If you’re running a counterfeiting ring, you probably need a lot of, let’s say, employees. One of the key ones is an engraver — someone who is going to make the plates from which your copies are produced. The better the engraver, the better the plates, and therefore, the better the copies. If your engraver is arrested, therefore, you may go to extreme lengths to obtain his freedom. And given that you’re already a criminal (and hardly a petty one at that), you probably aren’t going to limit the escape plans to legal options. You may even resort to kidnapping and demanding the release as some sort of ransom payment.
But you probably won’t kidnap the President. That’d be too risky.
Unless he’s dead.
No, this isn’t a story about assassination. It’s a story about grave robbing and corpse snatching.
Abraham Lincoln’s body was originally entombed in a marble sarcophagus in Oak Ridge Cemetery in Springfield, Illinois, a couple of miles outside of the town’s center. The relatively remote location itself meant that Lincoln’s tomb was often left unattended, even by passersby (as there were none for hours at a time, especially at night). And, during these idle periods, the tomb was simply inadequately secured. The only thing preventing a grave robber from entering the tomb was a simple padlock, one which many experienced criminals could easily pick. Lincoln’s body was a realistic target for someone bold enough to carry out the crime.
In 1876, two years after the tomb was completed and Lincoln’s body placed there, an engraver named Benjamin Boyd was sentenced to ten years in state prison for his work as part of a counterfeiting ring. The ringleader, known as Big Jim Kennally, wanted Boyd freed. So Kennally launched a plot: he’d have two of his other guys break into Lincoln’s tomb, steal the body, and hold it for ransom — $200,000 (roughly $4.5 million in today’s dollars) and Boyd’s freedom. Those men, named Terence Mullen and Jack Hughes, didn’t have experience pilfering the final resting places of the dead, so they recruited a grave robber named Lewis Swegles to help them. On the evening of November 7, 1876, the trio made their attempt to wrest Lincoln’s body from the tomb.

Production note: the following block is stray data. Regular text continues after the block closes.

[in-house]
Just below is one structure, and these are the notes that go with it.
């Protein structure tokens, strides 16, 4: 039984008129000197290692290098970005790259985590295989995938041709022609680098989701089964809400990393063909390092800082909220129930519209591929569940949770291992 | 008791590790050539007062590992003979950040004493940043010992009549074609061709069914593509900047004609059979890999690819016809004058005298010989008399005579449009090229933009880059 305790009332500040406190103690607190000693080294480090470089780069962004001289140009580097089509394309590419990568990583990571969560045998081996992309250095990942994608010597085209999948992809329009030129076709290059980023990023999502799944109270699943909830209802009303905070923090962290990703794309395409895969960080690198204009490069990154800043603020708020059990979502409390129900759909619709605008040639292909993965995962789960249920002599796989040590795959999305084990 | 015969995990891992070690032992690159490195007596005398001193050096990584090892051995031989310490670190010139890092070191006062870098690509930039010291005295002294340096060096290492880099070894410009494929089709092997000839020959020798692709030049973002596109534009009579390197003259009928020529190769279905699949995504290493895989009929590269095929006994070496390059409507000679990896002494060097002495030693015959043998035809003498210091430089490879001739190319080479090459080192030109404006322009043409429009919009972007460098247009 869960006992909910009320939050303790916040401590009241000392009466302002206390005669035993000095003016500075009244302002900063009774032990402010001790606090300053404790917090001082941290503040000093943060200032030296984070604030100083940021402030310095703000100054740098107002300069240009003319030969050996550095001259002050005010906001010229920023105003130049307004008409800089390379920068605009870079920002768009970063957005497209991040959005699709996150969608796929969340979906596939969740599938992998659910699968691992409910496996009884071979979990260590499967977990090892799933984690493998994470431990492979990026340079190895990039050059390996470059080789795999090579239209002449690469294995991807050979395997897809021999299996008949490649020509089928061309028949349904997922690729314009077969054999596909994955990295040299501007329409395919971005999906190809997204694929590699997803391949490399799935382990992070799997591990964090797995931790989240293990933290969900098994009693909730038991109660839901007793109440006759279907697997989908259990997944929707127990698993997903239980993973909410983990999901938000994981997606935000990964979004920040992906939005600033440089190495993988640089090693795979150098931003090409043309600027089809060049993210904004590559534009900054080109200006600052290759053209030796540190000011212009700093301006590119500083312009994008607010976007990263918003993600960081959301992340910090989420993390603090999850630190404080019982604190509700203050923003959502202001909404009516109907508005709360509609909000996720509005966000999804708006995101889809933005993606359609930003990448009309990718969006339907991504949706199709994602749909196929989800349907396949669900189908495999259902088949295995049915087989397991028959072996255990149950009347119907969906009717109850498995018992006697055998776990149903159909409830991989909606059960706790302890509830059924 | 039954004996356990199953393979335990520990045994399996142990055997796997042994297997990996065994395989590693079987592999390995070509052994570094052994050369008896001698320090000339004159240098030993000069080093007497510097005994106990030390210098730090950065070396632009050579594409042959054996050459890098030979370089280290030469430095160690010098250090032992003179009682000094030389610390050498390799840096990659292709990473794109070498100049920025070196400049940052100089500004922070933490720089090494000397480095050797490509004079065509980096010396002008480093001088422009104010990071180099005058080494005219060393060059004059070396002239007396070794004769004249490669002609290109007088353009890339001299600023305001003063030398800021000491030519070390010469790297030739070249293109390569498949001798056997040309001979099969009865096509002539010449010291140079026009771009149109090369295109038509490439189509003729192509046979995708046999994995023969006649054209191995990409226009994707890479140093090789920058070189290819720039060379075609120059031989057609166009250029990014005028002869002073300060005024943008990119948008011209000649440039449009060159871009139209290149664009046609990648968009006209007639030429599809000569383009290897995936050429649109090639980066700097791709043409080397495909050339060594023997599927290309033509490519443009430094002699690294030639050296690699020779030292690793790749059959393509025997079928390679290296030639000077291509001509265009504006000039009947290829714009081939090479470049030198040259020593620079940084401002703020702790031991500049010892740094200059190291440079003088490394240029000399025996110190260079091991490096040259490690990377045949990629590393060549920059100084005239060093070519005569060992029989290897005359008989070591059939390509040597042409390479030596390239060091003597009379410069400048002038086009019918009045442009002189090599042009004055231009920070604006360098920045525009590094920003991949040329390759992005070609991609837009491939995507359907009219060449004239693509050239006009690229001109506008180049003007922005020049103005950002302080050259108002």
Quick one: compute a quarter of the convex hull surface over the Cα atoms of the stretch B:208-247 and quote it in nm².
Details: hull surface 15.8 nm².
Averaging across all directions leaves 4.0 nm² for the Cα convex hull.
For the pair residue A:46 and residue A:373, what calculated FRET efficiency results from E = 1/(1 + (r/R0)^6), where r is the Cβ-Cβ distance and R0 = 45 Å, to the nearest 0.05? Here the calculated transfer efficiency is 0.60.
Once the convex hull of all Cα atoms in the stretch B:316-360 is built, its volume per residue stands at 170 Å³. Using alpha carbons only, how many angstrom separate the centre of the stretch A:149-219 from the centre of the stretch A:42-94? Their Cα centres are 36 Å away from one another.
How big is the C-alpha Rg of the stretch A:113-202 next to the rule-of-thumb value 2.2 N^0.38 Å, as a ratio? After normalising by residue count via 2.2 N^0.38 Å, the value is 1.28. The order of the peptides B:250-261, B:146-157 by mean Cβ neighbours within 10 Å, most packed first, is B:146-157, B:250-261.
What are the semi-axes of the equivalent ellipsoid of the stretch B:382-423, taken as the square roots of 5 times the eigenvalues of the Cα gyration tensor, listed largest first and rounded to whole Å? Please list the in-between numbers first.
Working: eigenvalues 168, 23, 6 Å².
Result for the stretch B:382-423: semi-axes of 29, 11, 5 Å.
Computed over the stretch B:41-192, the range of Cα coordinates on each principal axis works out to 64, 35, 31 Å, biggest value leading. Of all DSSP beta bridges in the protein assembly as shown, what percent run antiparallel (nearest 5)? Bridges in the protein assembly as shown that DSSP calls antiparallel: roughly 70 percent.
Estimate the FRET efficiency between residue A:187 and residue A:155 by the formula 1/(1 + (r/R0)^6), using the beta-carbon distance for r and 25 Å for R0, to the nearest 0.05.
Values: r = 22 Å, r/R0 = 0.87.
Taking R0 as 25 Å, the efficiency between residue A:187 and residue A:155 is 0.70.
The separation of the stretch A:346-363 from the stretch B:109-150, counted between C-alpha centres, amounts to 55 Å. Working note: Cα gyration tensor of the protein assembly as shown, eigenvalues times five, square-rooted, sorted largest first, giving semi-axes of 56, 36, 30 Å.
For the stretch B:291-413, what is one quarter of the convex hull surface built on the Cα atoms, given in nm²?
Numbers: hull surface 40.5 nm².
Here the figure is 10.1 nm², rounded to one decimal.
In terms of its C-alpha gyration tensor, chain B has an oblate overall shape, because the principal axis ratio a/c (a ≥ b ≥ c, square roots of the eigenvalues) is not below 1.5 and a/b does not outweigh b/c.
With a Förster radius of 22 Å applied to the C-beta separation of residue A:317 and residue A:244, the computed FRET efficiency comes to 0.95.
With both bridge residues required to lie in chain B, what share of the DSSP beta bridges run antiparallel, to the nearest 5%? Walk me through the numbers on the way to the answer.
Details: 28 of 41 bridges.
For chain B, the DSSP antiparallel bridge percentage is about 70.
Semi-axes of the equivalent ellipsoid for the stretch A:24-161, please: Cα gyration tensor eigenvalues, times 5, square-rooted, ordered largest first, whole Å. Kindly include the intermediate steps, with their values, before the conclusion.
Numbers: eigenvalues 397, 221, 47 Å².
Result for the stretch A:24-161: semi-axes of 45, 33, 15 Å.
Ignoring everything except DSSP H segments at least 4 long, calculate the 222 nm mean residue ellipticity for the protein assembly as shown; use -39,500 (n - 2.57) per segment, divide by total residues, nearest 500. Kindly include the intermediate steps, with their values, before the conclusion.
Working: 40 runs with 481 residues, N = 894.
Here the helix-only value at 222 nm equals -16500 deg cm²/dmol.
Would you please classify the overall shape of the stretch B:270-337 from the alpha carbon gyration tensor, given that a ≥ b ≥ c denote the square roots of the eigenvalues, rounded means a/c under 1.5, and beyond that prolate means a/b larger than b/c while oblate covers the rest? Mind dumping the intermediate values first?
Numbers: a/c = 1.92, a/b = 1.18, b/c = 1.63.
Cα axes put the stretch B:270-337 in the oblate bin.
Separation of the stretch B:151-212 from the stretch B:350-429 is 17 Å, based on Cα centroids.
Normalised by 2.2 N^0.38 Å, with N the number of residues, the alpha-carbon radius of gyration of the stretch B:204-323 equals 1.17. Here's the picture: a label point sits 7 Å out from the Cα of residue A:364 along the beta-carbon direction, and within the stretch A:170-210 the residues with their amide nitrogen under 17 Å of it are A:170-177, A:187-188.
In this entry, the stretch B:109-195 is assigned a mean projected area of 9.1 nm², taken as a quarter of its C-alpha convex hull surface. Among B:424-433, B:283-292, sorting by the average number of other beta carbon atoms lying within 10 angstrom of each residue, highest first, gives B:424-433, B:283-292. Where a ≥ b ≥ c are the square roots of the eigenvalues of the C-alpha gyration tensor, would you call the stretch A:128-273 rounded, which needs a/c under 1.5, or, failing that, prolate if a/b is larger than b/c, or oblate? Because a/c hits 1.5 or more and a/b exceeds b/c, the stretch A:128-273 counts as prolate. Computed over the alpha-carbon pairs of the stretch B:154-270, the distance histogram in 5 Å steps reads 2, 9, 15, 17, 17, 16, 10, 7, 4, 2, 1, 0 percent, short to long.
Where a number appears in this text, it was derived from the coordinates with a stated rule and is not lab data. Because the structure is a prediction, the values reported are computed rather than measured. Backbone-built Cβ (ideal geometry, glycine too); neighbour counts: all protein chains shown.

It was a disaster. For them, that is.
To start, even though all three men were criminals, none were skilled at lockpicking. So they had to file through it, which took time and effort and exacerbated their second problem: Swegles wasn’t actually an experienced grave robber. He was, on the other hand, a paid informant of the Secret Service. (At the time, the Secret Service didn’t protect the President, nor, for that matter, their gravesites. The Service was involved with this case because they were charged with anti-counterfeiting measures.). Swegles tipped the Service off about the plot and, while the three men struggled to move Lincoln’s quarter-ton coffin, the agency approached their position. Mullen and Hughes fled, having failed in their mission, and were captured shortly thereafter. Both men were eventually sentenced to one-year prison terms (which is surprisingly short).
In order to prevent another theft, the custodian of the tomb, John Carroll Power, organized a makeshift team called the “Lincoln Guard of Honor.” Secretively, the Guard of Honor moved Lincoln’s remains into a shallow, unmarked grave at the Cemetery, telling almost no one, and moved it around a few times when the first tries didn’t pan out. Abraham Lincoln’s son, Robert Lincoln, was one of the few who were in on the secret. When a secure, permanent tomb was completed in 1901, Robert ensured that his father’s remains were relocated, once again, this time to their true permanent resting place.
From the Archives: John Wilkes Booth’s Heroic Brother: A story that’s not really about Abraham Lincoln. But kind of is.
Related: “Lincoln’s Grave Robbers” by Steve Sheinkin, 4.4 stars on about 50 reviews. Meant for ages 10 to 14 but probably a good read for adults, too.